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Specialist Town Takes His Case to Washington | The Nation

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Specialist Town Takes His Case to Washington

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Research support was provided by the Investigative Fund of The Nation Institute. More information on personality disorder is available at http://JoshuaKors.com.

Flying Blind

About the Author

Joshua Kors
Joshua Kors (JoshuaKors.com) covers veterans' issues for The Nation.  He is the winner of the National Magazine...

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In May, before most in Washington had even heard of Chapter 5-13, Senator Kit Bond was studying the discharge--and calling for its abolition. "You have 22,000 soldiers who passed through all the tests required to send them to Iraq, and they came back and were diagnosed with a pre-existing condition? It just doesn't compute. We need to fix the system," he says. "They ought not have the 5-13 as an easy way to put these soldiers out." As the system is now, the Senator says, some of the cases he's seen "just scream out to me: 'This person was railroaded.'"

The Republican from Missouri helped put together a coalition of thirty-one senators spanning the political spectrum, from Hillary Clinton to Joseph Lieberman to fellow conservative Elizabeth Dole. In June they wrote a letter to Defense Secretary Robert Gates requesting that he investigate the 5-13 discharge process. Bond also co-wrote a defense authorization amendment with Senator Barack Obama and others that would put a temporary freeze on all personality disorder discharges. The amendment has been referred to the Armed Services Committee.

The past year has exposed several problems in the way we're treating veterans, says Bond. "And this 5-13 seems to be a major part of the problem."

By July the Senate wasn't the only organization in Washington concerned about personality disorder. The Department of Veterans Affairs was worried too. "We wanted to prioritize injured [Iraq War] veterans. We want to provide a seamless transition" from the Army, says a top VA official. But with these personality disorder discharges, "you have people now falling through the cracks." The official, who demanded anonymity because he had not received clearance to speak, says the problem with phony discharges like personality disorder is that they short-circuit the VA's Red Flag system.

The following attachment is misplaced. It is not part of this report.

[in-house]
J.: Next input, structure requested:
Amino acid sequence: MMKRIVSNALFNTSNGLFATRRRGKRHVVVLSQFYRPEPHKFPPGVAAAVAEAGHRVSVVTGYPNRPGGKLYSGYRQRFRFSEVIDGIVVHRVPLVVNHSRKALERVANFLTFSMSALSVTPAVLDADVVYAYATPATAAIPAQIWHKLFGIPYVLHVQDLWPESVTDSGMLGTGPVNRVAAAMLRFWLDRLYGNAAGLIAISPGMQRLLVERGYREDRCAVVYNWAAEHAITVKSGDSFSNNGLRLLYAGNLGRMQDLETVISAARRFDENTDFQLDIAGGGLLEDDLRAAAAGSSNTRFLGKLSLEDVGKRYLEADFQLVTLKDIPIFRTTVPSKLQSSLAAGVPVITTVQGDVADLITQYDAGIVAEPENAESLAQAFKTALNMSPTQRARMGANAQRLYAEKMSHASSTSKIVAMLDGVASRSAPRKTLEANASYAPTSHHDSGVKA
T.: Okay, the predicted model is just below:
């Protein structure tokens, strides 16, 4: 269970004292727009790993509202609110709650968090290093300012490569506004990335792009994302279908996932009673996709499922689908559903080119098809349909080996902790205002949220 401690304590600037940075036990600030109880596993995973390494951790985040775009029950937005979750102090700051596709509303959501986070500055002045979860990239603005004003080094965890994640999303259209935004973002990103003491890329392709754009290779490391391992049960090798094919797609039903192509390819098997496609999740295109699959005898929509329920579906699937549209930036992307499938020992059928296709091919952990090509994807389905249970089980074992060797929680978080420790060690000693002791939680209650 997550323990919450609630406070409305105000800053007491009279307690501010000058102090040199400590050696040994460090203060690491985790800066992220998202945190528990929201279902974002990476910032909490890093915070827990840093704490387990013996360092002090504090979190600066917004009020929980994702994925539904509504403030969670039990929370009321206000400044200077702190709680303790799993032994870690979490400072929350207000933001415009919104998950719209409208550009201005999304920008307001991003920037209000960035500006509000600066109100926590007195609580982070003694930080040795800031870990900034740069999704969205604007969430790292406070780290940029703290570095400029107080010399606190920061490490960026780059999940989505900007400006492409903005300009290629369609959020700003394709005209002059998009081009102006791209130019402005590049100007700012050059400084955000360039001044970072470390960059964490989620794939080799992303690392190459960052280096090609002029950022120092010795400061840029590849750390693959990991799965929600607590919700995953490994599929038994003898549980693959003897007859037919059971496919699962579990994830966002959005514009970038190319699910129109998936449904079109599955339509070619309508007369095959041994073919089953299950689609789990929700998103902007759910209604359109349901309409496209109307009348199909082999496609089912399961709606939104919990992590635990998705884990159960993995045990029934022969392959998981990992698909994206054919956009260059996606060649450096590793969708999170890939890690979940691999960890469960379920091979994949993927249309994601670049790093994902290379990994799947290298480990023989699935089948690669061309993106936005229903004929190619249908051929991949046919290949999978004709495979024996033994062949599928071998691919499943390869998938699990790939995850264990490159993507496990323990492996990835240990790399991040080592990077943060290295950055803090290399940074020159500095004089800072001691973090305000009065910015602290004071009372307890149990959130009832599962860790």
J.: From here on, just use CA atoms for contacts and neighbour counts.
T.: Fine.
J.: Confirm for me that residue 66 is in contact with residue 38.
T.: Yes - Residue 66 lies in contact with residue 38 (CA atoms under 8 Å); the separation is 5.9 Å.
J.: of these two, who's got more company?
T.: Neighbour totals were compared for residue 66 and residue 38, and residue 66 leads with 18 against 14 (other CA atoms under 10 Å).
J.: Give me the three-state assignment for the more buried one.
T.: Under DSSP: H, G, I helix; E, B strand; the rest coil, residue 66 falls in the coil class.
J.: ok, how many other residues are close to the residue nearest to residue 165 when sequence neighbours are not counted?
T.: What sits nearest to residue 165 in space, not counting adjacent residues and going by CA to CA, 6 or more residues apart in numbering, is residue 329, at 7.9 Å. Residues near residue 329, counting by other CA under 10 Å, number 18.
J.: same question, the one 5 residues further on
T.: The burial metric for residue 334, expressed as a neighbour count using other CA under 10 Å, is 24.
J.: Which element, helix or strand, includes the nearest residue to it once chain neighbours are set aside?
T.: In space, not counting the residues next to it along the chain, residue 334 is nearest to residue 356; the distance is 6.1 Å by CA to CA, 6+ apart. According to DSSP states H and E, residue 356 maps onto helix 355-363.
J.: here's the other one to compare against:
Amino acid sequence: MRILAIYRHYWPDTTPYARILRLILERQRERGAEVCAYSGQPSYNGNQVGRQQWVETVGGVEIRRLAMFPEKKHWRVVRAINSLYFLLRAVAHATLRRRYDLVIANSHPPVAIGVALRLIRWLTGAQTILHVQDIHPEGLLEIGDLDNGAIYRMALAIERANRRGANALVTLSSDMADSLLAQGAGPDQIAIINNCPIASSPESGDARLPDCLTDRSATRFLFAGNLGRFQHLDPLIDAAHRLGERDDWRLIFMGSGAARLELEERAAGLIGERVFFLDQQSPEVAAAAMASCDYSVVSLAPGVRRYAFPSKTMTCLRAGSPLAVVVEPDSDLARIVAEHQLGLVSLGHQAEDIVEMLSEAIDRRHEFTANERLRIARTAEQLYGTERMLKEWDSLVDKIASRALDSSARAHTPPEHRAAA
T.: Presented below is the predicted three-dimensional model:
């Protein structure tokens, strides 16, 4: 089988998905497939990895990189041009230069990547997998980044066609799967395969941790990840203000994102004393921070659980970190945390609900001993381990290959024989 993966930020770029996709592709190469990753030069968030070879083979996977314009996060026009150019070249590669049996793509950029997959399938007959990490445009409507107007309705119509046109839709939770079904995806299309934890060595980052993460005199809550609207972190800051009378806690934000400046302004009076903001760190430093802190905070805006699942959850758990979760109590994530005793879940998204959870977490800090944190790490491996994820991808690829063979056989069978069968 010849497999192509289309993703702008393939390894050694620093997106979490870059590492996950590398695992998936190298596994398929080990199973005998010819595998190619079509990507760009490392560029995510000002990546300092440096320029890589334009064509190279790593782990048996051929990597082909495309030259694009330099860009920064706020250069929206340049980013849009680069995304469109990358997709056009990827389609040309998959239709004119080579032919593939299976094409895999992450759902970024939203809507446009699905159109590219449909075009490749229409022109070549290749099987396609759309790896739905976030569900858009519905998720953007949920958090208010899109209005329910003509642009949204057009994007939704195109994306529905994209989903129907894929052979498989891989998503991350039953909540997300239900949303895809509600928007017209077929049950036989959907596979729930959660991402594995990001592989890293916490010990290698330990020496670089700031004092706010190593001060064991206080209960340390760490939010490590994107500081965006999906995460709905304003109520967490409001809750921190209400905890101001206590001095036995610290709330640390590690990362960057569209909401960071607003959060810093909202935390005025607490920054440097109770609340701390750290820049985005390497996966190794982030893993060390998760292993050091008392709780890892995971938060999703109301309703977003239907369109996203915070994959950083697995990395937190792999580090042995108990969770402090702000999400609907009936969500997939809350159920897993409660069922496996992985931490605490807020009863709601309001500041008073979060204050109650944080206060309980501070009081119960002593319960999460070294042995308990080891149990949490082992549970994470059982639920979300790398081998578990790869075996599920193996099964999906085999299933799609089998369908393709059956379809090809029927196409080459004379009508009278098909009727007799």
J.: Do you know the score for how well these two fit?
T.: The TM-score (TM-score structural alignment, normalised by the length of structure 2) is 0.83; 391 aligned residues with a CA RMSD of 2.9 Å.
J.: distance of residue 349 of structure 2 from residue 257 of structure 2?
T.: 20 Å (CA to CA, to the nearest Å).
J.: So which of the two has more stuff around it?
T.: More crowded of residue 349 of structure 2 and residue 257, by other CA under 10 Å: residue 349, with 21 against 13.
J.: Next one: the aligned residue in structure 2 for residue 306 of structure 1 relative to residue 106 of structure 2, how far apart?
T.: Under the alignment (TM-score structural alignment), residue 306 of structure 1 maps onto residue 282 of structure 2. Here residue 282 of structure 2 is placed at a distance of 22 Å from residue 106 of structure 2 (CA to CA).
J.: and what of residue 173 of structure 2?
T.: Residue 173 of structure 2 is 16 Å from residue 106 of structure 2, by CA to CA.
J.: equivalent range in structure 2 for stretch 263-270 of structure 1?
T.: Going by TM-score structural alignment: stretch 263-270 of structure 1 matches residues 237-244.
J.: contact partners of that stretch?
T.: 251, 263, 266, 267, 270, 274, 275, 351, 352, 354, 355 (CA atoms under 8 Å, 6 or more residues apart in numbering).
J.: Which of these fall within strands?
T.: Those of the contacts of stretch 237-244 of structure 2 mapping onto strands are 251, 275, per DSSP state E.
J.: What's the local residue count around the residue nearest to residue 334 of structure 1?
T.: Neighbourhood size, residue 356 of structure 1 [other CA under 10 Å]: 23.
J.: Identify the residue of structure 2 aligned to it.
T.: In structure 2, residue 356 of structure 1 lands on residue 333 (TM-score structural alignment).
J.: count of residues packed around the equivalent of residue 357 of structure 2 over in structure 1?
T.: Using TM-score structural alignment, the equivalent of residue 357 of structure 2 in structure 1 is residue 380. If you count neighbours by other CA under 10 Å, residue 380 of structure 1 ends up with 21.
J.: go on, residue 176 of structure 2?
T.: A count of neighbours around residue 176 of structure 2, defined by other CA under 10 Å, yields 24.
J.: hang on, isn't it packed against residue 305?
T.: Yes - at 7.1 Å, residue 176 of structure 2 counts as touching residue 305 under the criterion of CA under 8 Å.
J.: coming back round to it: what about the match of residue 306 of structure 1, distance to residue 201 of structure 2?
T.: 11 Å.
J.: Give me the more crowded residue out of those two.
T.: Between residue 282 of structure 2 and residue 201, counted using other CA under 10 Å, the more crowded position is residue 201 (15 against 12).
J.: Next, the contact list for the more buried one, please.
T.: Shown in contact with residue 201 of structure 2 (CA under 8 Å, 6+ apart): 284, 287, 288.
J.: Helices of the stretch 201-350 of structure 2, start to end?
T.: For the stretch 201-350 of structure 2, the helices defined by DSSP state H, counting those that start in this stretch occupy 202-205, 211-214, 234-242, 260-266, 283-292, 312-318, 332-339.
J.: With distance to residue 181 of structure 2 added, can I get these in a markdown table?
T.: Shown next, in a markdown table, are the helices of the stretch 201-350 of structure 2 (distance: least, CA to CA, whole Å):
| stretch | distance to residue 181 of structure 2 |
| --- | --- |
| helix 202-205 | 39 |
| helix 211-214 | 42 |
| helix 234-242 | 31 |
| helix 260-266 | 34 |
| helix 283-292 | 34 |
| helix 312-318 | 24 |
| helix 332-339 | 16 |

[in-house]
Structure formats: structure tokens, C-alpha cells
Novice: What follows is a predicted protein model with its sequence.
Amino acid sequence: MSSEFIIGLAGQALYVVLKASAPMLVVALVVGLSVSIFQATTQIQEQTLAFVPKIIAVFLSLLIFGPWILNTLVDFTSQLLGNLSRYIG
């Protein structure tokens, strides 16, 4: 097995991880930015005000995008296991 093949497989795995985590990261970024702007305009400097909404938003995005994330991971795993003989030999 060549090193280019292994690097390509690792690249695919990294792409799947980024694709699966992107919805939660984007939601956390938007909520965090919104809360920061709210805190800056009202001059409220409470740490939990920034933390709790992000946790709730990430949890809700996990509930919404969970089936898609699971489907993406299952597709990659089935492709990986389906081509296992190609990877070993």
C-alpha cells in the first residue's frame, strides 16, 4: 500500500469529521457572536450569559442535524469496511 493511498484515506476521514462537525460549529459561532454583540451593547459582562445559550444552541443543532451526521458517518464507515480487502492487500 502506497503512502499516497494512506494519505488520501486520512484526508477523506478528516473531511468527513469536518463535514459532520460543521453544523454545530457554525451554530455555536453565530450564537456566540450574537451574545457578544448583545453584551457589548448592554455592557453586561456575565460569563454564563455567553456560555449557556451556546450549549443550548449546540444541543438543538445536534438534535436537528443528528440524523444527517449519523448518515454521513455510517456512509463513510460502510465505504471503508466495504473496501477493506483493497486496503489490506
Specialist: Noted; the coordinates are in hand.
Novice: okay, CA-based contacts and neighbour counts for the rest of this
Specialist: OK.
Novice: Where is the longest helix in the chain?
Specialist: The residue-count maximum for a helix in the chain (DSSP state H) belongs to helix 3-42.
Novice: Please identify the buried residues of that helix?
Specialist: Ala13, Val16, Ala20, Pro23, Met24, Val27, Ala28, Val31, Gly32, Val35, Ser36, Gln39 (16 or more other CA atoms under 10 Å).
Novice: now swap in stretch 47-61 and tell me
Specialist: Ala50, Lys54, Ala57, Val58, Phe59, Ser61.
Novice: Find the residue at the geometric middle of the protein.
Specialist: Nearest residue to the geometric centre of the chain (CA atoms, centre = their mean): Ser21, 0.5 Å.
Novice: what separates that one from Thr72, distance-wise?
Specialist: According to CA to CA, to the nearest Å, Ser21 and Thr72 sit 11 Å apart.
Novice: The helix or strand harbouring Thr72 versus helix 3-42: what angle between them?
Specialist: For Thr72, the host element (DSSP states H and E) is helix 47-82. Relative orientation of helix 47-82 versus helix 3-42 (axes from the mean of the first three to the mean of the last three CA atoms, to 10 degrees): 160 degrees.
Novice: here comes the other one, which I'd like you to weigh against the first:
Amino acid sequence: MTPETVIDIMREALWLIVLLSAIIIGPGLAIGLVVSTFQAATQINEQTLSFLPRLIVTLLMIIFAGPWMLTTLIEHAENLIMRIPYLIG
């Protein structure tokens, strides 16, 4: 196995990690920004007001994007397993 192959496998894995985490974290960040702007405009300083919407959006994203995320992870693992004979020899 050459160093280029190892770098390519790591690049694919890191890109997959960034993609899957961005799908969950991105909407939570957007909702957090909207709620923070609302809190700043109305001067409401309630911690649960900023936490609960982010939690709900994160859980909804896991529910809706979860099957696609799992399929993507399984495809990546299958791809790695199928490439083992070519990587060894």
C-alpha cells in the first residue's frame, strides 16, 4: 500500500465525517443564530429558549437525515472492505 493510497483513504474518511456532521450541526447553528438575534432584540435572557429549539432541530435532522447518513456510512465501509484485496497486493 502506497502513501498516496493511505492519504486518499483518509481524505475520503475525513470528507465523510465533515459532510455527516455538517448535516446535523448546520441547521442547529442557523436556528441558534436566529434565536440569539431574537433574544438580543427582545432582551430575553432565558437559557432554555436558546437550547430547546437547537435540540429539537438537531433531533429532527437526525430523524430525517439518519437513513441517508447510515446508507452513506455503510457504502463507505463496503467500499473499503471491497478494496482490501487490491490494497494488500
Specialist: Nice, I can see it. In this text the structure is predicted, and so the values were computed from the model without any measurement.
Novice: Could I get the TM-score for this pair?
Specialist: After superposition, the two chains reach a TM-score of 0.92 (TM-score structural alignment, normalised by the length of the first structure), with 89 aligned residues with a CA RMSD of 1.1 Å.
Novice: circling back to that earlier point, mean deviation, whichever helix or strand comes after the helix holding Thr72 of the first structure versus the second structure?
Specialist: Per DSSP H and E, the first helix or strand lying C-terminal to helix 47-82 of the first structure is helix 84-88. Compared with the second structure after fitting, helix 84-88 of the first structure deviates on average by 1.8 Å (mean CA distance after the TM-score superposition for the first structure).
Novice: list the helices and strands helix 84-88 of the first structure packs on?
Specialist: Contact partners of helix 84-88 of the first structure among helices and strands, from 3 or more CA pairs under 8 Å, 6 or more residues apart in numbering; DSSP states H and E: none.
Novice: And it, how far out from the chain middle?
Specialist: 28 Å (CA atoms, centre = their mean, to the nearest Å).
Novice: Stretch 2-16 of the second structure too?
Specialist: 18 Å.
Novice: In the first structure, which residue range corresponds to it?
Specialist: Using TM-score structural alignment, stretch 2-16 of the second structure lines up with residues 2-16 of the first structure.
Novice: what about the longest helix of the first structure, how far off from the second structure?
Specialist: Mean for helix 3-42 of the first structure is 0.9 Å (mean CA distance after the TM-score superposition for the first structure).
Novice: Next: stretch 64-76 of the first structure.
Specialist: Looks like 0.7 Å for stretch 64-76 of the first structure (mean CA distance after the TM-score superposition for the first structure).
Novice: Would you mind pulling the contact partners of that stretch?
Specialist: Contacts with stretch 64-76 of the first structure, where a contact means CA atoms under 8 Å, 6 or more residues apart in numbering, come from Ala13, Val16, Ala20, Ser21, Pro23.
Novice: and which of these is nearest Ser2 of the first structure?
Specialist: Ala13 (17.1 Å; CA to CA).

The Red Flag system is an informal name for the VA's method of identifying the most wounded soldiers. The agency does this, explains the official, by keeping its eye on the Army's medical board hearings, where wounded soldiers are supposed to go before their discharge. The board evaluates injured soldiers and gives them a disability rating. Under the Red Flag system, those who leave the Army's medical board hearings with a high disability rating are flagged and targeted for immediate medical care.

But soldiers discharged with personality disorder are denied the opportunity to see a medical board and thus don't get a disability rating. As a result, they fly under the VA's radar. Those who need immediate medical care get dumped into the stack of 800,000 cases currently waiting to be processed by the VA. For the VA to function, says the official, the Army has to pass wounded soldiers through its medical boards. Otherwise, the agency is flying blind.

Jon Town knows firsthand the price of that blindness. He submitted an application for VA medical care shortly before leaving the Army. Seven months later he was still waiting for his first doctor's appointment.

Without medical treatment, Town struggled alone with deafness, memory loss, insomnia and a headache that was still raging three years after the rocket attack. The specialist tried to take a few jobs, but each time he was fired after his health proved too much of an issue. His wife, Kristy, had to keep the family of four afloat with her minimum-wage job on the assembly line at Filtech, an oil-filter manufacturer in their hometown of Findlay, Ohio. Soon the family was teetering on the verge of bankruptcy. In May, the phone company shut off their service because the Towns couldn't pay their bill.